With increasing frequency there are scandals brewing in college sports
in America, particular surrounding football. Even my beloved Oregon
Ducks are under investigation by the NCAA at this time. The basic
problem is that the NCAA requires that student athletes not receive any
compensation in return for recruitment for or participation in college
athletics, apart from scholarships. However these infractions are
happening quite frequently.
I see this matter in terms of dollars and cents rather than ethics. Some
college sports departments are huge money-making enterprises. Football
(and to a lesser extent, basketball) programs bring in a lot of money
for their institutions. This revenue comes from ticket sales, alumni
donations, corporate sponsorship, broadcasting rights, apparel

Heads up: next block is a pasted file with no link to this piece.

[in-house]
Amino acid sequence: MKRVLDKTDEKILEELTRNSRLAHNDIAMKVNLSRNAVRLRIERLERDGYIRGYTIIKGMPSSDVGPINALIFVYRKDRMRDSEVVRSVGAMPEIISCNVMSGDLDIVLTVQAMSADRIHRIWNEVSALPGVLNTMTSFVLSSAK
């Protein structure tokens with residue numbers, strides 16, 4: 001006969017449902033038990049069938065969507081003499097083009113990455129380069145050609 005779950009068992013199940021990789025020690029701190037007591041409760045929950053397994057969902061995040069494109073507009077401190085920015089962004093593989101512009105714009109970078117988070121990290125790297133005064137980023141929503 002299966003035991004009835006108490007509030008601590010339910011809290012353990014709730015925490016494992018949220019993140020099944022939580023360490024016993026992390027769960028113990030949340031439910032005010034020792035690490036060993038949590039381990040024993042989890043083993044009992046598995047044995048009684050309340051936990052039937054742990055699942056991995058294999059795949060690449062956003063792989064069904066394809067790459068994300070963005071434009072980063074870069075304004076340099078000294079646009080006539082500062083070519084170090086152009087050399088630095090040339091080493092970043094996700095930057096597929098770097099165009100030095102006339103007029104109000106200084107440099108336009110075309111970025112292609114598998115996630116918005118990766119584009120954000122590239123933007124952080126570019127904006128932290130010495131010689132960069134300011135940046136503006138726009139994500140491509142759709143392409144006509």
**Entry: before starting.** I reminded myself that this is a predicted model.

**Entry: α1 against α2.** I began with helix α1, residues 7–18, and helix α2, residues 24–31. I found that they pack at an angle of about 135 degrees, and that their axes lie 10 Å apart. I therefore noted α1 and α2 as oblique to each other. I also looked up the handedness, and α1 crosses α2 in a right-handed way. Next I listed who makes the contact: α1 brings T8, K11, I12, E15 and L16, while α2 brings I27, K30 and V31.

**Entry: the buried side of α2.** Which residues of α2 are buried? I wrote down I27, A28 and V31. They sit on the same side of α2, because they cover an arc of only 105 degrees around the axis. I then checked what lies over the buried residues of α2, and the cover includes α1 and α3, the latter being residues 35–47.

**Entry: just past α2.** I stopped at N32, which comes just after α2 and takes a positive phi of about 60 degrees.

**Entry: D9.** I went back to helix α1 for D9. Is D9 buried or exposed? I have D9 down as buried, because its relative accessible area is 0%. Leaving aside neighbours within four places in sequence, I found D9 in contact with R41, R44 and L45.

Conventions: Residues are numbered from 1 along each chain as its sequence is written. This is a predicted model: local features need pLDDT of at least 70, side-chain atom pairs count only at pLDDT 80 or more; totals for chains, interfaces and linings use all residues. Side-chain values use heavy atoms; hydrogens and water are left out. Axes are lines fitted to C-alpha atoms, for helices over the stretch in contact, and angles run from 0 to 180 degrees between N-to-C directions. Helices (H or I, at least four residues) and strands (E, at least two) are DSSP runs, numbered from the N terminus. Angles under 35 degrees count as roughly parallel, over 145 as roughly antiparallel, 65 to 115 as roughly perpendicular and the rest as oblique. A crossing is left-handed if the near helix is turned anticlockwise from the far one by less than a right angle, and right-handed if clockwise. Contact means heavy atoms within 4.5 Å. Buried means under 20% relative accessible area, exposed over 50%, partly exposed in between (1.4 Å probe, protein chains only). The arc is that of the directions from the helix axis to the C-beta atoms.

licensing, scheduling, etc.
The true source of this revenue is of course the student athletes. They
are the stars of the show. And for some star players in some big-time
programs, the amount of revenue generated far exceeds the value of an
athletic scholarship. But money has a way of finding its way to these
athletes at any rate. This is of course contrary to NCAA rules and the
ideal of amateur athletics. But instead of endless investigations and
sanctions, I would like to propose another way.
College football players should organize a union. In so doing thy could
negotiate compensation, health and disability insurance, licensing
rights, revenue sharing, and the whole nine yards with their schools. By
forming a union and getting paid, the players could effectively end the
plague of ethics violations by making it no crime for the money to go
where it is deserved.
I'll suggest a name for the hypothetical union: The Collegiate Athletic
Labor Federation (CALF).
Now what's that I hear my reader saying? College athletics should remain
amateur? I happen to agree. But I do not see how college football
programs are going to be convinced to de-escalate their revenue streams.
Unless they do, money will continue to find its way into the pockets of